- a collection of notes and reflections on urban living from the perspective of a family of five in Tokyo. My epiphany was many years ago, but being hit by a motorbike and seeing my life flash before my eyes caused a sudden change that slowly made me reflect on whether American style auto-centric urban transportation of the Roosevelt era really is a capital G "Good Idea" for civilized modern cities in the 21st Century. This blog explores the good and the bad in urban planning and design, here and elsewhere. The goal is simple - not "death to all cars," just more walkable communities, quiet tree-lined streets, good public transport, traffic calming, Velib style bicycle sharing and a bit of common sense. The bolg is mostly theraputic, so I don't go wanting to throttle every dangerous driver I come across, but partly also out of a real desire to see positive change. This blog explores how it can be done, the people who do it, and how, in many small ways, this very old idea may at last have found its zeitgeist. Comments and suggestions welcome.

Tuesday, March 03, 2009

Carfree Communities Are Child's Play

Great stuff this - and how simple it is. It reminds me of the times when it snows in Tokyo, and the back streets become playgrounds. Kids come out of the woodwork and you wonder where they all were before the snow. Of course, before long the snow melts, the cars are back, and the kids are chased back to their computer games. But if we can only redesign communities to restrict automobile access within certain areas...

- Carfree Communities Are Child's Play
Traffic prevents children from playing. Between 1973 and 2006, the proportion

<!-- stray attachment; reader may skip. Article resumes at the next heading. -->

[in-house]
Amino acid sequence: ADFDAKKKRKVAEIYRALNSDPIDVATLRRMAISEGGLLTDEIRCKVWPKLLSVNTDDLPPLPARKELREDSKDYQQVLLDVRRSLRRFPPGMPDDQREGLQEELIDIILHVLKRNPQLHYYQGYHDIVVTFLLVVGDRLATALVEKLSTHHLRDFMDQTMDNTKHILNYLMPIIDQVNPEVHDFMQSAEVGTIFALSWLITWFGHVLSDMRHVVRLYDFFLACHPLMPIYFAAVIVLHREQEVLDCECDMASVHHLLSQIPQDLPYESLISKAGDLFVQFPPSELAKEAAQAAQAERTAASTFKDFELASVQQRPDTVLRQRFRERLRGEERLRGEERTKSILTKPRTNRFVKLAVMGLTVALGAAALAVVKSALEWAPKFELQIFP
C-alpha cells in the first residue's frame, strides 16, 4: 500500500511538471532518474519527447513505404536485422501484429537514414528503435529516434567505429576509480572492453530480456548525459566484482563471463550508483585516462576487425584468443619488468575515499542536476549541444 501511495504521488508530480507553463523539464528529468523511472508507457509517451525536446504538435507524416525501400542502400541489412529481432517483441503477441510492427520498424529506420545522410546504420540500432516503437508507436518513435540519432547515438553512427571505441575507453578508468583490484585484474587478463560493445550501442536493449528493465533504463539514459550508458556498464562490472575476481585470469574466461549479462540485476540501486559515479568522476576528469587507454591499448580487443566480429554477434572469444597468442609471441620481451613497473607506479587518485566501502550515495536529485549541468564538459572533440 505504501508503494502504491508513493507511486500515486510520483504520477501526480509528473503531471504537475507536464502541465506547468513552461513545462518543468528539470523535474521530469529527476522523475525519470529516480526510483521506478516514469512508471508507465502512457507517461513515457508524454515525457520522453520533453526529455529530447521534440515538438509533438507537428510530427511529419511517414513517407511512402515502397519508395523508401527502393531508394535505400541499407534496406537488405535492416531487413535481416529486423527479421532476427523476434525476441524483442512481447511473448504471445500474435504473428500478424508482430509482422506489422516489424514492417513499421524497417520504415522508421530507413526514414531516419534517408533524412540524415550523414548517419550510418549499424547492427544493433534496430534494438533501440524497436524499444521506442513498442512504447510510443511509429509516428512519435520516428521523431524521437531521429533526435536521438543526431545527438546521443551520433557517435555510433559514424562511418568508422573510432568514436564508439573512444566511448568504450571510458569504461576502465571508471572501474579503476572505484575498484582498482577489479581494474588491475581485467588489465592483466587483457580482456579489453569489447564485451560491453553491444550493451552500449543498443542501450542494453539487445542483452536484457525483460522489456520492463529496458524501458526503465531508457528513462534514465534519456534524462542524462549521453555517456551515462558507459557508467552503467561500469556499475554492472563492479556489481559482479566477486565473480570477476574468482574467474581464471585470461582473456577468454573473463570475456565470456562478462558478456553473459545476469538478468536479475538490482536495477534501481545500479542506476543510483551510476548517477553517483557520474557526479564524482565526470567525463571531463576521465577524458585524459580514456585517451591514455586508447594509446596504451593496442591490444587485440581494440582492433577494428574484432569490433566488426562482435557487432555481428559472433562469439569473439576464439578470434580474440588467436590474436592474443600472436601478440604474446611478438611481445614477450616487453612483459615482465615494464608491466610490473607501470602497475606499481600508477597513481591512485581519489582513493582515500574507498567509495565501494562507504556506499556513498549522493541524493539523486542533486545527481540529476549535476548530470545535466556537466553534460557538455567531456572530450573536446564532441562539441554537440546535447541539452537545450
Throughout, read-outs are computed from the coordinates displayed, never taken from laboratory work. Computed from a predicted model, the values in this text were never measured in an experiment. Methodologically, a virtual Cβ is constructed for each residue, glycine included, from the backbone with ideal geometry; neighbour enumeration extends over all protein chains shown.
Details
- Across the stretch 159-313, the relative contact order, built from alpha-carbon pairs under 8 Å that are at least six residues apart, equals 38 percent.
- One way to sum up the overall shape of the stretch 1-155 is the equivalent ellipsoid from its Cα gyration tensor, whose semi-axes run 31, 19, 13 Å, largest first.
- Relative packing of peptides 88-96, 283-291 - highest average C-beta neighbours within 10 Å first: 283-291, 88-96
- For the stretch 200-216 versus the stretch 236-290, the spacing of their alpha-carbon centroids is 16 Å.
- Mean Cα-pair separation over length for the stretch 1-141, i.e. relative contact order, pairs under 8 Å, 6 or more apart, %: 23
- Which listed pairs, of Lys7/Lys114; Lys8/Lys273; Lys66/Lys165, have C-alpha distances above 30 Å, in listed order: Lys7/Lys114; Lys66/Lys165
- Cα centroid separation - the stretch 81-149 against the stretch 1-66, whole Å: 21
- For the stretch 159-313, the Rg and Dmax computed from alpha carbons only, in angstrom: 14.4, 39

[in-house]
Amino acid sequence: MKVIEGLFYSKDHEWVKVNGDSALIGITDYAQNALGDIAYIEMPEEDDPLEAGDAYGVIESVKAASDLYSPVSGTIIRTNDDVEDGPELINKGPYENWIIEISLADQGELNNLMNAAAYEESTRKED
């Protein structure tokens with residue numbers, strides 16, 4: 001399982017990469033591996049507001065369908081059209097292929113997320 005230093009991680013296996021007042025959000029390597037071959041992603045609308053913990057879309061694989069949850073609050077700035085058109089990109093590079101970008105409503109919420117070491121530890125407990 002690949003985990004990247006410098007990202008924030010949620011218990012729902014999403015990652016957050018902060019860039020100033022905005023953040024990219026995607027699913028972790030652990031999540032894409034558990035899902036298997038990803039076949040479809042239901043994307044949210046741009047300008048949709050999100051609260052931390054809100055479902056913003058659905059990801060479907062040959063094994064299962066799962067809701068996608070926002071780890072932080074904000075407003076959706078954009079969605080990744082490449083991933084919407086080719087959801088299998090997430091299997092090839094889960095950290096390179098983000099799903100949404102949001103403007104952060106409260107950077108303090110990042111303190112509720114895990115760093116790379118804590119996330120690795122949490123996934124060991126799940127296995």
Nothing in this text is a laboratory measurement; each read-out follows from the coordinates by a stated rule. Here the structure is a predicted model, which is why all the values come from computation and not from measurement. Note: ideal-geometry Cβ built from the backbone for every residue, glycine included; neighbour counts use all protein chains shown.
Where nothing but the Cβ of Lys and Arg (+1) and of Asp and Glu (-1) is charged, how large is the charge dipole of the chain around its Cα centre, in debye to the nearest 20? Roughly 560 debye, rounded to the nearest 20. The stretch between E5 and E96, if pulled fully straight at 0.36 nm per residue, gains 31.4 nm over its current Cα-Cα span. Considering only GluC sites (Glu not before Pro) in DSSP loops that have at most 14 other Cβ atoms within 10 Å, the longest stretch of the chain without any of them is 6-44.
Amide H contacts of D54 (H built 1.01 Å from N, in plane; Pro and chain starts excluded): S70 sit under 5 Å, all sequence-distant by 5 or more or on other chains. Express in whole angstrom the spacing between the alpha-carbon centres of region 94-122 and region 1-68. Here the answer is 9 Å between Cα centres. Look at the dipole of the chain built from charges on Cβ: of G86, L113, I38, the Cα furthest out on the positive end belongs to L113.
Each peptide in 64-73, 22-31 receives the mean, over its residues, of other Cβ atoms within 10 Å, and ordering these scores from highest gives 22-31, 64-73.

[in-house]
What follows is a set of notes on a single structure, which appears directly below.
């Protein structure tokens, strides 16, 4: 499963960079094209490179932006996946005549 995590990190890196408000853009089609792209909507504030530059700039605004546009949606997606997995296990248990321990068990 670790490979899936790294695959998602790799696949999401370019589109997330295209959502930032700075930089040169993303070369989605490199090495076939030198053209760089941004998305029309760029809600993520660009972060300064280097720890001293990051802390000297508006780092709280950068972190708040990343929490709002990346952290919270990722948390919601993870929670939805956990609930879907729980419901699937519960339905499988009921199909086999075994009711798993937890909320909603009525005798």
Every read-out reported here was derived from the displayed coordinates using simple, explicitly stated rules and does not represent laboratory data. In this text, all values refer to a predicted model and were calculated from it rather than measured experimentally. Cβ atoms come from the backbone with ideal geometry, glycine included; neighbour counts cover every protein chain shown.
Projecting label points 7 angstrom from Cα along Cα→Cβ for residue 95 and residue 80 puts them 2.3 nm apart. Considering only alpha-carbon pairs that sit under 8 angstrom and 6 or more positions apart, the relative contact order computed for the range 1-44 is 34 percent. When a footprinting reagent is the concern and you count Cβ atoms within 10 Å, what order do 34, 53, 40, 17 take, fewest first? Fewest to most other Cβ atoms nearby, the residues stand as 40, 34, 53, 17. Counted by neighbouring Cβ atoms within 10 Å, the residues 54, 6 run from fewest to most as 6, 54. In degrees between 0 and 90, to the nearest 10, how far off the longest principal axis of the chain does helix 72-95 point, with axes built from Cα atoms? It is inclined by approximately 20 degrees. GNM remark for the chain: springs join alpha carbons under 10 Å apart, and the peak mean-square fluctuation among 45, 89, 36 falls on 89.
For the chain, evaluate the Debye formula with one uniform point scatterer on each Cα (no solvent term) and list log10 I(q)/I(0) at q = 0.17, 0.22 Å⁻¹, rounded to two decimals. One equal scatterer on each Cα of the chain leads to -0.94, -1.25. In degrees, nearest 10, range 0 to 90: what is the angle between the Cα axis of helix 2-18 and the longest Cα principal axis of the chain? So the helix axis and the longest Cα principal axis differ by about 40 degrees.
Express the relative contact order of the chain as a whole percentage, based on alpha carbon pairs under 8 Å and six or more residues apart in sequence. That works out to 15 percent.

of children playing on UK streets fell from 75% to 15%. Two charities, Sustrans
and Play Wales, are calling on planning authorities to lead the UK to build
carfree housing estates, which gives a high quality of life for all its
residents, particularly for children in traffic-clogged urban areas allowing
them to play safely outside their front doors and travel independently. The
proposals would also help cut obesity in children who are unable to play in
traffic-clogged areas. The plan envisages that car parking in the new
developments would be limited and situated away from people’s homes.

1 comment:

Anonymous said...

The same happened here in Britain last month when a few days of heavy snow descended on us and motor traffic was reduced to a human speed.

Legions of youthful adults and joy-loving kids discovered they were no longer scared of these neutered metal beasts and could be found giggling and throwing snowballs and generally playing in the street. Something many of them had never experienced before.

I overheard one driver inform a friend in a mystified tone, "People keep stepping out in front of my car. Why are they doing that?"

Because you're driving slowly. They're not scared of you today.